IT WOULD BE EASY to fall into the shadows of its bigger sister to the south, but Fort Lauderdale continues to shine bright, just as it has since the 1930s. Last century, the destination solidified its place in spring break history with its sunny skies and sandy beaches. Today, Fort Lauderdale welcomes about 14 million visitors annually and is taking great strides to be sure it meets expectations while at the same time looking to the future.
Earlier this year, a new high-speed train began service with stations in Miami, Fort Lauderdale and West Palm Beach. Brightline, the only privately owned, operated and maintained passenger rail system in the United States, operates daily, nearly on the hour, with expansion to Orlando underway. Brightline’s centrally located stations connect to existing public transit options including light rail, rideshares, taxis and even car and bicycle rentals. The Brightline station in Fort Lauderdale (101 N.W. 2nd Ave.) provides new access to the Museum of Discovery and Science, the Broward Center for the Performing Arts, NSU Art Museum Fort Lauderdale, FATVillage Arts District and more.
Cruise Terminal 25 at Port Everglades, one of the top three cruise ports in the world, is undergoing complete renovations in preparation for the arrival of Celebrity Cruises’ new 2,918-passenger Celebrity Edge, scheduled to begin sailing in December. Also preparing to set sail from Port Everglades in December is Holland America Line’s newest Pinnacle-class ship, the 2,650-passenger Nieuw Statendam; Oprah Winfrey will serve as the ship’s godmother.
In addition to Brightline and the new cruise ships debuting this winter at Port Everglades, Fort Lauderdale’s hotel scene is booming, with seven new properties opening or slated to open this year. In nearby Dania Beach, the 143-room Hotel Morrison opened with 1,500 square feet of meeting space, and the 111-room modern, boutique CIRC Hotel opened in downtown Hollywood, complete with a rooftop bar and 3,000 square feet of meeting space.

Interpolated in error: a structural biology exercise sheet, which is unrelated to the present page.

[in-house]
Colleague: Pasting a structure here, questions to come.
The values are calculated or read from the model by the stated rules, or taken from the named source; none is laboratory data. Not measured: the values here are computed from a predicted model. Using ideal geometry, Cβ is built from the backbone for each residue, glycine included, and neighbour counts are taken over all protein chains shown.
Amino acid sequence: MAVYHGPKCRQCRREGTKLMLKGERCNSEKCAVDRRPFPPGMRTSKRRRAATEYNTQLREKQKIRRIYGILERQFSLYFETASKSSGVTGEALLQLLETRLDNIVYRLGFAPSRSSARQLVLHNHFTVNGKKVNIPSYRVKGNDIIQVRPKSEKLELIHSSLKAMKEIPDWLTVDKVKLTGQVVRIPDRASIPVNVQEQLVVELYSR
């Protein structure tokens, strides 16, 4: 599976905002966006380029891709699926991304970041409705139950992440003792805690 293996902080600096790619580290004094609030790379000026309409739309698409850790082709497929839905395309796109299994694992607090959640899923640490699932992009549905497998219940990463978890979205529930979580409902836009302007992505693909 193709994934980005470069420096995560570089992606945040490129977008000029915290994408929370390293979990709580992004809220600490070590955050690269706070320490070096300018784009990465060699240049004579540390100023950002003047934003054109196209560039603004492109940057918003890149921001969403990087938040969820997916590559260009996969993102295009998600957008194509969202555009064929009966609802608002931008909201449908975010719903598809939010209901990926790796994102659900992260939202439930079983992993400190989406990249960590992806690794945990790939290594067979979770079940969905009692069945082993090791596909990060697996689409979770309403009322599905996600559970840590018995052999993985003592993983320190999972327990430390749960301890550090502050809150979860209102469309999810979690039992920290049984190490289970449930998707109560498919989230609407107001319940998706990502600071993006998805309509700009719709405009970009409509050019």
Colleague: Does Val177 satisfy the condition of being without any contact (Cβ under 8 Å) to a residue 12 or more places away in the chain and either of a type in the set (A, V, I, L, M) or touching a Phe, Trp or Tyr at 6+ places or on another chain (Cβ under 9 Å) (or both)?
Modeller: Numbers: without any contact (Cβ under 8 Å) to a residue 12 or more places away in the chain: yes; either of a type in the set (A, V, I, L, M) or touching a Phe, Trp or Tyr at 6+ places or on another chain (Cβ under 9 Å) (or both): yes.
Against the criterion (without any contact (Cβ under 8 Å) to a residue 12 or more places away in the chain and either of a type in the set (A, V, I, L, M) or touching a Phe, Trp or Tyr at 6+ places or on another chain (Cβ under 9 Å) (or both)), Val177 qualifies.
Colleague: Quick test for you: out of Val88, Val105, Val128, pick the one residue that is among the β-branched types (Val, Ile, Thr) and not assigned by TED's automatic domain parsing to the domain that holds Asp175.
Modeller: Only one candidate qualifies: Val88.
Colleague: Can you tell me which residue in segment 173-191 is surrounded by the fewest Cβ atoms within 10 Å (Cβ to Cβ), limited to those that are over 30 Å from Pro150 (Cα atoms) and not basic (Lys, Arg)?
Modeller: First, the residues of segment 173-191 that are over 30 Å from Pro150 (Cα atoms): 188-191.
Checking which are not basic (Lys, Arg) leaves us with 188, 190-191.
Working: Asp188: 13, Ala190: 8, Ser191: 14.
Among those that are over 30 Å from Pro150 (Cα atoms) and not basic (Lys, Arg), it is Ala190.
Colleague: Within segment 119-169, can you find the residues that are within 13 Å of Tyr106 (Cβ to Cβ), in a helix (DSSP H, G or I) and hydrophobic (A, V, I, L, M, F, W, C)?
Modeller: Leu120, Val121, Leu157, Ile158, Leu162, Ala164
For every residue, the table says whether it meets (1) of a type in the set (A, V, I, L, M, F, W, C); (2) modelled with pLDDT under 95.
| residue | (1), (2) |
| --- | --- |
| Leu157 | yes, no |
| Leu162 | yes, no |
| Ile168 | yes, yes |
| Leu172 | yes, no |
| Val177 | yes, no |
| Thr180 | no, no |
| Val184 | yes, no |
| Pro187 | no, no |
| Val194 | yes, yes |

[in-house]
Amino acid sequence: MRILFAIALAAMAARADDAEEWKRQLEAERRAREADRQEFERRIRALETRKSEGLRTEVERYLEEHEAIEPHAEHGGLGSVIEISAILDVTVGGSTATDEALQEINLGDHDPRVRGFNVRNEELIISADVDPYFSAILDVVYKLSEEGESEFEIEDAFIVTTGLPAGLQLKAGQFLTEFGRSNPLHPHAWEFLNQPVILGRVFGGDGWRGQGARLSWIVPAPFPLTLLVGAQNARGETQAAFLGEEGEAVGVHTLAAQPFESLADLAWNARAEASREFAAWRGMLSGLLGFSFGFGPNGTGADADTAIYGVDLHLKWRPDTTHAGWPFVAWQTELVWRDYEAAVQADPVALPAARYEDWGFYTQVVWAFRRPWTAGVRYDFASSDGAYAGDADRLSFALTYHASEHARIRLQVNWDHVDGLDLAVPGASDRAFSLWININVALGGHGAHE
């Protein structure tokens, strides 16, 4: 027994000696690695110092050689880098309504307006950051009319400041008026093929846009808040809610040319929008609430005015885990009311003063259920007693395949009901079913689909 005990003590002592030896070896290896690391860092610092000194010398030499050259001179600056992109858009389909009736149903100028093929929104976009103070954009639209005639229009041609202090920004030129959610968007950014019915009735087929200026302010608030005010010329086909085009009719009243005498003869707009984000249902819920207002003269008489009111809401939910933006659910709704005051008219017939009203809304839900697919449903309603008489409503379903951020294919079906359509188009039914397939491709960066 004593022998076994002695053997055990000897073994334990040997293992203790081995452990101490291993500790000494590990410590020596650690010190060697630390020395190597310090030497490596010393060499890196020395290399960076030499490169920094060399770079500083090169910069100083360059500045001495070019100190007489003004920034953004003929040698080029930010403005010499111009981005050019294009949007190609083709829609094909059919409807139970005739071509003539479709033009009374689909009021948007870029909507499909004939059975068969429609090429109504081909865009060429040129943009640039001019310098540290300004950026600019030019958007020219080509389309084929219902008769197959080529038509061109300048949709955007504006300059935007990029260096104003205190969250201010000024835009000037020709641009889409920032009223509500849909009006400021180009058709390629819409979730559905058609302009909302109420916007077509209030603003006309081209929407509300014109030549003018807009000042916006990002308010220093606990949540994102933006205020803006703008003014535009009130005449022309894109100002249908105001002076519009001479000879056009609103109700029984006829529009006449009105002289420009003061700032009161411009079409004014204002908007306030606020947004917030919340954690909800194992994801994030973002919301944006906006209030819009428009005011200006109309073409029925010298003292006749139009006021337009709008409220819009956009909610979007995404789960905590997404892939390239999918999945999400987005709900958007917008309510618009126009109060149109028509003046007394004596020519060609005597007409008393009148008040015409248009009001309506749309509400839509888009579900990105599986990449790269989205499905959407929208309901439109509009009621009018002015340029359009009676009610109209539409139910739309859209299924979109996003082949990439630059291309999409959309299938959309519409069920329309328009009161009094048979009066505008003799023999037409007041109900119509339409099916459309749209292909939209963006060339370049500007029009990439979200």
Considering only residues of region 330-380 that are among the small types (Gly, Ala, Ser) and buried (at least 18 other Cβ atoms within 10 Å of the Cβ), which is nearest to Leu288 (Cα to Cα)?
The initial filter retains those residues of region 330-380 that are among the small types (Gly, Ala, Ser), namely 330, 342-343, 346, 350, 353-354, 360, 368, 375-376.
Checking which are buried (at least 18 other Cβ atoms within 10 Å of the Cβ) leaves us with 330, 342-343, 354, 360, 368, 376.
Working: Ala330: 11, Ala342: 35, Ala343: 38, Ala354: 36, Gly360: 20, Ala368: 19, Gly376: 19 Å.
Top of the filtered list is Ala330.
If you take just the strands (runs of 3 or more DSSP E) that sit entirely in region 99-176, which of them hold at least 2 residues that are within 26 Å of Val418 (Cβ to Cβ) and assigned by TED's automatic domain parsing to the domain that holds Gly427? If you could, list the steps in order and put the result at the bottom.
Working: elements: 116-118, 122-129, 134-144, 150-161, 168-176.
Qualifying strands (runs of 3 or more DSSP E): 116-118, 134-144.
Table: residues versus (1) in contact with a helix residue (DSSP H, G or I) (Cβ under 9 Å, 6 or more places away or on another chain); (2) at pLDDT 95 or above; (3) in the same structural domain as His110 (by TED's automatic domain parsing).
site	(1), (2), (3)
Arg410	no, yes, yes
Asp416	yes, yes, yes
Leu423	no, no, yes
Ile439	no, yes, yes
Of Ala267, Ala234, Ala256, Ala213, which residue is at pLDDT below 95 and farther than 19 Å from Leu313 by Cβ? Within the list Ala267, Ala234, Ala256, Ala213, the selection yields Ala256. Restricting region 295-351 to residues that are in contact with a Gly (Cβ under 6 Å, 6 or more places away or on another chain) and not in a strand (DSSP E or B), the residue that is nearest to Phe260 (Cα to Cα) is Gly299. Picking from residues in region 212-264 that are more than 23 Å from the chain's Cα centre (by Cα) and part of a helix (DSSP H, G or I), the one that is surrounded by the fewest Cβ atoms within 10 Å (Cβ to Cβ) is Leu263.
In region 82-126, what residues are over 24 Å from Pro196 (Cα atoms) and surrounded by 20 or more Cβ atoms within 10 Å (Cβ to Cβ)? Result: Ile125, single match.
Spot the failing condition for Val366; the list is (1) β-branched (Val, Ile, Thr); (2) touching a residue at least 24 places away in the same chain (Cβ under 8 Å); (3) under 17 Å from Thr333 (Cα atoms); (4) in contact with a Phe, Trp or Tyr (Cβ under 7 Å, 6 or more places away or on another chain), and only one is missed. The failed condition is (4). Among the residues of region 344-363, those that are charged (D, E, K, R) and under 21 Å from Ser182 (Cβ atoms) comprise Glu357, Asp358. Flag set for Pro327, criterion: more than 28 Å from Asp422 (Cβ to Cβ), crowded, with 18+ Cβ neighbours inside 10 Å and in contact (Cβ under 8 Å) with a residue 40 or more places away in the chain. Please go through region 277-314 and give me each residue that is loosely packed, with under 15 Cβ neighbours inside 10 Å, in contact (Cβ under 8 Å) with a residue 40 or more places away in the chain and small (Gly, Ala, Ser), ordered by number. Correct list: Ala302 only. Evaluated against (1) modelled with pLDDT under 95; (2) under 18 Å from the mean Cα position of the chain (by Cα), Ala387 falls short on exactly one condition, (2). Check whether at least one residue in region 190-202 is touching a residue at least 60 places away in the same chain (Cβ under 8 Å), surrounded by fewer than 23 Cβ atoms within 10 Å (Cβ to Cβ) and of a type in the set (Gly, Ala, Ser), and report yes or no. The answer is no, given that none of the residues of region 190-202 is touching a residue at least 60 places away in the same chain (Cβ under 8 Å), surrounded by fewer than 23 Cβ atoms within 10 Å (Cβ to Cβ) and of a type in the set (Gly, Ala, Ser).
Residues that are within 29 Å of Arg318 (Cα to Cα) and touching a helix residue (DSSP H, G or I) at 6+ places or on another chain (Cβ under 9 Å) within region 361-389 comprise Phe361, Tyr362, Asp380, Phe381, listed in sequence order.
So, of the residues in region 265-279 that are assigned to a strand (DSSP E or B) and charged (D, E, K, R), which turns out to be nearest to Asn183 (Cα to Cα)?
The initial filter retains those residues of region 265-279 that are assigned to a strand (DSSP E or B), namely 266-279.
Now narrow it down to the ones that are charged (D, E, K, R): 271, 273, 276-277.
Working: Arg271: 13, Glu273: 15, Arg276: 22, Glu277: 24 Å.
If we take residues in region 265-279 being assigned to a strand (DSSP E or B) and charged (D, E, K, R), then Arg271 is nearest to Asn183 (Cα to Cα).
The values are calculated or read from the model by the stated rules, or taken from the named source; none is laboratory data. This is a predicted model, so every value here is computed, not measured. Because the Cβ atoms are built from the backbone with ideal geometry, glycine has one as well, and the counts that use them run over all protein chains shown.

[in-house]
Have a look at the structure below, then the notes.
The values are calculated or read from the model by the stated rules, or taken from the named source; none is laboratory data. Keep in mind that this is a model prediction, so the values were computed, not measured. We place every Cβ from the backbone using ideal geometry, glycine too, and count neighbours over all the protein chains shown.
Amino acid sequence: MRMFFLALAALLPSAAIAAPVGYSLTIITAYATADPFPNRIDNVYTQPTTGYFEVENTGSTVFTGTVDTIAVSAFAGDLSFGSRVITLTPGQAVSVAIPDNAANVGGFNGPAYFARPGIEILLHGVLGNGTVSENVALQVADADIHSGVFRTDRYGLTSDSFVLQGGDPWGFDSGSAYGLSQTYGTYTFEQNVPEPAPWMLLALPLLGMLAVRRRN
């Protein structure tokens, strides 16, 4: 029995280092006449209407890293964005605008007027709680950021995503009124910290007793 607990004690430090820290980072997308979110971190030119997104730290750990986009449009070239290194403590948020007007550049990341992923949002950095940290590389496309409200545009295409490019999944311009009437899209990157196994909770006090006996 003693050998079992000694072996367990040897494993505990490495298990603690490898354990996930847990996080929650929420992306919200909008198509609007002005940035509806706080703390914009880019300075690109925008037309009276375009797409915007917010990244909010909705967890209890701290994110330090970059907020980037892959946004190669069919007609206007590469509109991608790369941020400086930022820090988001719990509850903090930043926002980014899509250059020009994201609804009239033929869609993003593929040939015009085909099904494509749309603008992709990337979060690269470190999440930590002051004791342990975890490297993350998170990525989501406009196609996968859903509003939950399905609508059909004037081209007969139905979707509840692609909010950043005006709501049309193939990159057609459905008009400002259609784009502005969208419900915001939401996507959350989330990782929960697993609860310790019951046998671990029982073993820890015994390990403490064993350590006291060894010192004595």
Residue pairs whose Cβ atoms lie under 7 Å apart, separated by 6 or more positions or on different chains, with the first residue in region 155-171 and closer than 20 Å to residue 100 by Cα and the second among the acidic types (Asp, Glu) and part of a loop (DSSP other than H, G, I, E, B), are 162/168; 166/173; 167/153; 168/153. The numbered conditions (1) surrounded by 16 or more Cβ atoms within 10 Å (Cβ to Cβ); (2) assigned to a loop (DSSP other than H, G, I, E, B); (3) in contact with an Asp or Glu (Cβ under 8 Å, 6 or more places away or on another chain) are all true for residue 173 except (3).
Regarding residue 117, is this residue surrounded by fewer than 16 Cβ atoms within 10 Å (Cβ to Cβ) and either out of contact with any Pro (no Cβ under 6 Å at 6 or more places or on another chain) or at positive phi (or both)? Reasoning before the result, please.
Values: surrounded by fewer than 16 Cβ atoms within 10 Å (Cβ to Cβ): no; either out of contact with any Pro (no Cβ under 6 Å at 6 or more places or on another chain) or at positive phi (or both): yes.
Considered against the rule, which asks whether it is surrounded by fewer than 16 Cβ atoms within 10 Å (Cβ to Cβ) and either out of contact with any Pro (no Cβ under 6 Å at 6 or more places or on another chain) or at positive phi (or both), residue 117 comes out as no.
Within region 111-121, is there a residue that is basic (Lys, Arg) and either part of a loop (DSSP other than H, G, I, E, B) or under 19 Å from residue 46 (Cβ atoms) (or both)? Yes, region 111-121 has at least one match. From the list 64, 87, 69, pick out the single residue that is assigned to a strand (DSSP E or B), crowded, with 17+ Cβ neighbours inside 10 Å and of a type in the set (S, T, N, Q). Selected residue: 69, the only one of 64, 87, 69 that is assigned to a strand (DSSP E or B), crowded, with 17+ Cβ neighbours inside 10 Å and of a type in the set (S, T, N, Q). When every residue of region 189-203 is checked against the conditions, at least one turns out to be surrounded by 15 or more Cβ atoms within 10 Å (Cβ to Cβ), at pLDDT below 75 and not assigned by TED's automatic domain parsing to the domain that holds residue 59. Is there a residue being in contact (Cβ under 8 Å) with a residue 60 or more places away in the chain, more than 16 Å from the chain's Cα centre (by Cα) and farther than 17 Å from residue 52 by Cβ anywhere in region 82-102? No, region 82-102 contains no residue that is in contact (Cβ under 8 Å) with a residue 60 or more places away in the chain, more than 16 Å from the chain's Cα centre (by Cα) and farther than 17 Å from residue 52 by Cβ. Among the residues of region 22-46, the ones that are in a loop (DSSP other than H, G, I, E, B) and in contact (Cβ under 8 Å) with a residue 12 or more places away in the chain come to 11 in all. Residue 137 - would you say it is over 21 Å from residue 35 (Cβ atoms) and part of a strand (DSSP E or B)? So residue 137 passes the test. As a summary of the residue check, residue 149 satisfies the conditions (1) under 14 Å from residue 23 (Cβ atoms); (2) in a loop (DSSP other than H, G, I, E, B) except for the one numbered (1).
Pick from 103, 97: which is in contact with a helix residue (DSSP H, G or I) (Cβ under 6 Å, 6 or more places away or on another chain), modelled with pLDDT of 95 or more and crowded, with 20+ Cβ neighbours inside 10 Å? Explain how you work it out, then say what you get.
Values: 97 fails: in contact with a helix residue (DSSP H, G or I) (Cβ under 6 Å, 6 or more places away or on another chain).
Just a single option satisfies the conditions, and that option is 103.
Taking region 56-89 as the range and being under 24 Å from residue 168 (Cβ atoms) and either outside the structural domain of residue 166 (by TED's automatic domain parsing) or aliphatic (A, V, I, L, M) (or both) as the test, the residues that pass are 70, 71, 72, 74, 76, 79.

In Fort Lauderdale proper, the 150-room TRYP by Wyndham Fort Lauderdale Maritime Hotel caters to leisure and business travelers alike, with 3,400 square feet of event space. The Fairfield Inn & Suites Fort Lauderdale Downtown/Las Olas offers 108 guestrooms and 1,037 square feet of meeting space.
On tap, The Dalmar, part of Marriott International’s new Tribute Portfolio collection brand, is slated to open at the end of this month. The 25-story hotel will feature 209 guestrooms, as well as 9,000 square feet of event space and a rooftop bar with 360-degree views of downtown Fort Lauderdale. Floors seven through 12 of The Dalmar will house Element Fort Lauderdale Downtown, an extended-stay option with 114 guestrooms. Just steps from the Hollywood Beach Boardwalk, the Costa Hollywood Beach Resort, set to open later this year with 307 suites (studios to threebedroom), features a 25,000-square-foot rooftop pool deck with views of the Atlantic Ocean and Intracoastal Waterway. The Four Seasons Hotel and Residences Fort Lauderdale broke ground and is expected to open in late 2019 with 150 hotel rooms and 95 residences, along with meeting facilities.